The India cricket team under the captaincy of Sourav Ganguly was being taken seriously in the cricketing fraternity. Team India had a burning desire, a desire to excel and win and most important of all –a team that believed in itself. It was Sourav who imbibed into his team a new sense of strength and faith in their capabilities. The bowling became tighter, the gaps narrower and the fitness perfect; and with one of the best batting line ups in the world, India was never short of runs on the board. Indian cricket was always about silk, about splitting cover and extra cover with neither fielders moving. It took Ganguly to put the steel in it. He never walked onto a cricket field to win friends, but to only and only win for India and he did that with an arrogance and self belief that irked almost everyone. His fiery attitude rubbed off on Team India; a team that believed in playing tough and winning from any situation. Remember the final at Lords in 2002 for the Natwest Trophy? Kaif and Yuvi were hand picked by Dada. Who would not remember Natwest? The heroic performances by Kaif and Yuvi brought out the spontaneous passion ingrained in our Dada, who celebrated the victory by taking off his shirt and waving it in the air from the Lords balcony. Off-course that was a fitting reply to Andrew Flintoff’s act while in a series in India. Ganguly has rushed from the balcony to the cricket ground and hugged his team mates in more than a bear hug. He loved his team and his nation. He was passionate for the game, for the team and for India and you could see it when he spoke. At that moment, my city was celebrating the victory… a victory that brought the nation together.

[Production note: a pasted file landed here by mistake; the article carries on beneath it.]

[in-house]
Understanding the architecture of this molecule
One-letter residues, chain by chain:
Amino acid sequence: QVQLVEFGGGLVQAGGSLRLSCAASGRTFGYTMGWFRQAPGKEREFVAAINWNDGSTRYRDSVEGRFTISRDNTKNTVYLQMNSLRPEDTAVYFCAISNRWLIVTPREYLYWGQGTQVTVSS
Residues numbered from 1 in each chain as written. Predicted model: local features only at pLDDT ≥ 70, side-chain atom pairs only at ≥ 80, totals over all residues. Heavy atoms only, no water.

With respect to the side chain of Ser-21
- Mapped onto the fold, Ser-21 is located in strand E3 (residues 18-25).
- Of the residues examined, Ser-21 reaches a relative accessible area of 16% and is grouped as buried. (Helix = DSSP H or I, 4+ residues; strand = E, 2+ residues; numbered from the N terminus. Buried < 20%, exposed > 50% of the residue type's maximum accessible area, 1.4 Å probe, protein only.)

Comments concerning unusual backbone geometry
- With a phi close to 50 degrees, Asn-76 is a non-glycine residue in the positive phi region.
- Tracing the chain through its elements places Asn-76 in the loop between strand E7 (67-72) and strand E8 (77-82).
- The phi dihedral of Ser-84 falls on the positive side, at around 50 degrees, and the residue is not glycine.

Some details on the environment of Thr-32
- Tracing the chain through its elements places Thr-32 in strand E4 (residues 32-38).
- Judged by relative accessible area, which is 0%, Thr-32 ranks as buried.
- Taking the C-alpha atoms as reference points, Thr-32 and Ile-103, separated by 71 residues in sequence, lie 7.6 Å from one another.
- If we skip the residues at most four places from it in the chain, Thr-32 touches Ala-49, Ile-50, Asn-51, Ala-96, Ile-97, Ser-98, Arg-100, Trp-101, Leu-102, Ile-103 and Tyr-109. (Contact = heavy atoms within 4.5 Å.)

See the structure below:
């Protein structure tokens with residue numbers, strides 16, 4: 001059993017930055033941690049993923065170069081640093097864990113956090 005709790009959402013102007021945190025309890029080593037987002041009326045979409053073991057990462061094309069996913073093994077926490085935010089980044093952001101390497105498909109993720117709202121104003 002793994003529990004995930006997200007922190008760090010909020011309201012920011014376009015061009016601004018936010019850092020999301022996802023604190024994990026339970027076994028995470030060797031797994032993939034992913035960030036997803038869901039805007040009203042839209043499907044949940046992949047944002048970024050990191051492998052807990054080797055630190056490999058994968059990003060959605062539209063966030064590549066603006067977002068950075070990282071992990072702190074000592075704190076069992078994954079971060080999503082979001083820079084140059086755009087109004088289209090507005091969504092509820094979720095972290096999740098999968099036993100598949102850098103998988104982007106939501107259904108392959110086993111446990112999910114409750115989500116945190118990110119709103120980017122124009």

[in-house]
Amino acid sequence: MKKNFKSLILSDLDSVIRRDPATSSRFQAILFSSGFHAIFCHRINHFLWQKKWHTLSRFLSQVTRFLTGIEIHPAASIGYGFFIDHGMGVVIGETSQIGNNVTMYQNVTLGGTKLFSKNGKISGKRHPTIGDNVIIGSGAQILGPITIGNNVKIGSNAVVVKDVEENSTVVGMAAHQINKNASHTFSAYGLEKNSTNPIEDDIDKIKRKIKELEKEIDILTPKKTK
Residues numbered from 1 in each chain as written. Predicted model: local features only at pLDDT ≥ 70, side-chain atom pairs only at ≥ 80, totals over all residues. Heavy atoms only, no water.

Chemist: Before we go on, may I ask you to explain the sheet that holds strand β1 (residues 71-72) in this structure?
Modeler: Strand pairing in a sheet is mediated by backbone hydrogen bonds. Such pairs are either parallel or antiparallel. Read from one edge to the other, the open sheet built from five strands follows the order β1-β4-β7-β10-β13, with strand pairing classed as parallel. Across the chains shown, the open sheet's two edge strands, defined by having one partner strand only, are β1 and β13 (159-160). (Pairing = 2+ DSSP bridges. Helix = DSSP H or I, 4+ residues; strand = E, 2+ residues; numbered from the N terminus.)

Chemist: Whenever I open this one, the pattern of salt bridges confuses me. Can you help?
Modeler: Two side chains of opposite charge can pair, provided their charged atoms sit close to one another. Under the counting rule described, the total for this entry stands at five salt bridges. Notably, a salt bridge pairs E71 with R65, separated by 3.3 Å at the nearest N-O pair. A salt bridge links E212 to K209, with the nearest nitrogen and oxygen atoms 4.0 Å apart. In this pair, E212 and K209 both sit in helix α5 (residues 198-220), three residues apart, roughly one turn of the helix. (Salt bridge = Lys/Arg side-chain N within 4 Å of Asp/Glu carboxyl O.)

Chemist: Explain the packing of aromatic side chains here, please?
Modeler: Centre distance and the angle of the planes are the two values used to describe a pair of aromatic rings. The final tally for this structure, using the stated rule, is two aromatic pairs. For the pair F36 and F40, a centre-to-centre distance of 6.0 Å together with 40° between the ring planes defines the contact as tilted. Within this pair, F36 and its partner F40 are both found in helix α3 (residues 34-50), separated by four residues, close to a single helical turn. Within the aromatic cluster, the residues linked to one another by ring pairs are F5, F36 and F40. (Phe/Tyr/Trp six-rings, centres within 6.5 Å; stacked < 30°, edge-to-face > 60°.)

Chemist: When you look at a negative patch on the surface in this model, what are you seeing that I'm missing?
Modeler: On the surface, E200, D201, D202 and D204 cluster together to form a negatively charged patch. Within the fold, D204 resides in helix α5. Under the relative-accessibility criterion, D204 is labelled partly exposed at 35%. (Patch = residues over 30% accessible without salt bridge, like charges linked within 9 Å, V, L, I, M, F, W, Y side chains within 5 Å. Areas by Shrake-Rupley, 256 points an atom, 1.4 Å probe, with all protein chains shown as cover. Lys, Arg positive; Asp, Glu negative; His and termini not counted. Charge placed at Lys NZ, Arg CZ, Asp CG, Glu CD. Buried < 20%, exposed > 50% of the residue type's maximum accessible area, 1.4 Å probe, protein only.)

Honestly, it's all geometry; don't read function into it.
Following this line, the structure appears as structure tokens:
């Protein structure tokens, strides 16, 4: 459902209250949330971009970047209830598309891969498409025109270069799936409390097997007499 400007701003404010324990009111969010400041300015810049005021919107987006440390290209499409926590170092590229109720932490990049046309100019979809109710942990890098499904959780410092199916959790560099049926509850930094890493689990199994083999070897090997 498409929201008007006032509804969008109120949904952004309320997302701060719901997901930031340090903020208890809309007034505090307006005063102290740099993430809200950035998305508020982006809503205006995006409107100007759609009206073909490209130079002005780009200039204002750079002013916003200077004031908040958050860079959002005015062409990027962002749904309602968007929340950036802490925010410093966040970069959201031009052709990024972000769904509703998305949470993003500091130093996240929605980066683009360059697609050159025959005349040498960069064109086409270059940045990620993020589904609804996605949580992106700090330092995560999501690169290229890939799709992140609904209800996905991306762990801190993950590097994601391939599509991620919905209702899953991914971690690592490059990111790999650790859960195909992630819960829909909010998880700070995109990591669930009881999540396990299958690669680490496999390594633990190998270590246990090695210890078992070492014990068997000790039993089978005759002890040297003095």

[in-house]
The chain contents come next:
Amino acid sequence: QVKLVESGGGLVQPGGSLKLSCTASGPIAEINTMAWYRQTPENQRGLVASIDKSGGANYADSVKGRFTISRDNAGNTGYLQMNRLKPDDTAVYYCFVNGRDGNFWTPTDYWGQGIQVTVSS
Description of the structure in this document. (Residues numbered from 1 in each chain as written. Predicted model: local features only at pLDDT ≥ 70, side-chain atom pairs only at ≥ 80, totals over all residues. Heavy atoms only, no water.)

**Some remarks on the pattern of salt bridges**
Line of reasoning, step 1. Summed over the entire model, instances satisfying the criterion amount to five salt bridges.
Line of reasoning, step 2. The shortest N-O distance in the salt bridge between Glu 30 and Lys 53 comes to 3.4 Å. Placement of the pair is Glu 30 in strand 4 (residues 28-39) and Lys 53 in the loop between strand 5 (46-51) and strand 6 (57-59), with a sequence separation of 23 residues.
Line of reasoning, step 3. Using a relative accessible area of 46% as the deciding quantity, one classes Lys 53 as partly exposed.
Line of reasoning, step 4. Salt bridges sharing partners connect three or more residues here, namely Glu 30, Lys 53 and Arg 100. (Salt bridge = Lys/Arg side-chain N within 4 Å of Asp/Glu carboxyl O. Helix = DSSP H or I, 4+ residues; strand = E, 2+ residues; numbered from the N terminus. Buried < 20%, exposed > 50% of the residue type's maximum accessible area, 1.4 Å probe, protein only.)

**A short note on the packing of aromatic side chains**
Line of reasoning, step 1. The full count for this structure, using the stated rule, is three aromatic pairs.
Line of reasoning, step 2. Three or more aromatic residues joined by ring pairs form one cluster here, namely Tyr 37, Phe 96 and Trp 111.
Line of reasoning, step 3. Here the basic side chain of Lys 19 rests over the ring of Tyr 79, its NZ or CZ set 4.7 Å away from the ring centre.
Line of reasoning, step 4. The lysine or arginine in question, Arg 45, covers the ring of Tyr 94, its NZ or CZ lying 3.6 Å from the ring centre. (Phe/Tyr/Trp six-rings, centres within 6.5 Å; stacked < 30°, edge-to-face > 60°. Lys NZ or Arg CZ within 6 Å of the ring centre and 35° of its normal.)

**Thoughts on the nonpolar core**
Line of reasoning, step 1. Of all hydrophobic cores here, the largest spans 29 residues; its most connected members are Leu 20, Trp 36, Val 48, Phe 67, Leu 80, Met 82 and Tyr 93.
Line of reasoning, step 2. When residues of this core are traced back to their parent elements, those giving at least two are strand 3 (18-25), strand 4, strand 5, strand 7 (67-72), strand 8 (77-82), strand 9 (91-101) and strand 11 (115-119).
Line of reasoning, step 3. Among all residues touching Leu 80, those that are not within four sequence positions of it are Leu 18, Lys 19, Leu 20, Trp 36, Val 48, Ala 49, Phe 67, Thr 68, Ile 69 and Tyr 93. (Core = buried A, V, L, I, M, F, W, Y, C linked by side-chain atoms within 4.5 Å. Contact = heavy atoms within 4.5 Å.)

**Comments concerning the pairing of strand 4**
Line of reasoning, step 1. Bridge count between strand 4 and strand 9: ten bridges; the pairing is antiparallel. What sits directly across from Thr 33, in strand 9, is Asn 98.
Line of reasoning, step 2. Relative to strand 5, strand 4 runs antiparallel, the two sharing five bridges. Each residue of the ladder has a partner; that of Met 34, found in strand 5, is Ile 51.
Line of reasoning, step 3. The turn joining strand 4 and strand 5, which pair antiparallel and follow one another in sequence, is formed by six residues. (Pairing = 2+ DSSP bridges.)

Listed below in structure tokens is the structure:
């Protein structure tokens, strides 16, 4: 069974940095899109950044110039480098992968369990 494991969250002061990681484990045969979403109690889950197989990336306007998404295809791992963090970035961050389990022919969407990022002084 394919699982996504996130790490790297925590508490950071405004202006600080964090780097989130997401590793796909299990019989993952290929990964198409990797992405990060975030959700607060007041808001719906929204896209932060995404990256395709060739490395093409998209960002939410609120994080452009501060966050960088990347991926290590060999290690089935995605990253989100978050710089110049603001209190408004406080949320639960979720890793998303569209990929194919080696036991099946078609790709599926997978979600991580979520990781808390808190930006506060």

Brandished as being outspoken and arrogant, Sourav had often attracted controversies. The most famous being the Chappell-Ganguly one. What actually happened [am not talking about the credibility of the Chappell email] is not really known. But what we all know is that Ganguly built Team India and he brought the grit, the killer instinct, the passion and the determination to excel into the team, into the game. But at that time his form on the field was not too good and he was subsequently dropped from the team and stripped of his captaincy. It’s a humiliation to Indian cricket if they took Greg Chappell seriously. The Aussies have a habit of living upto the standards of their great grandfathers… whether its Clark, Symonds or Ponting, their integrity is always questionable.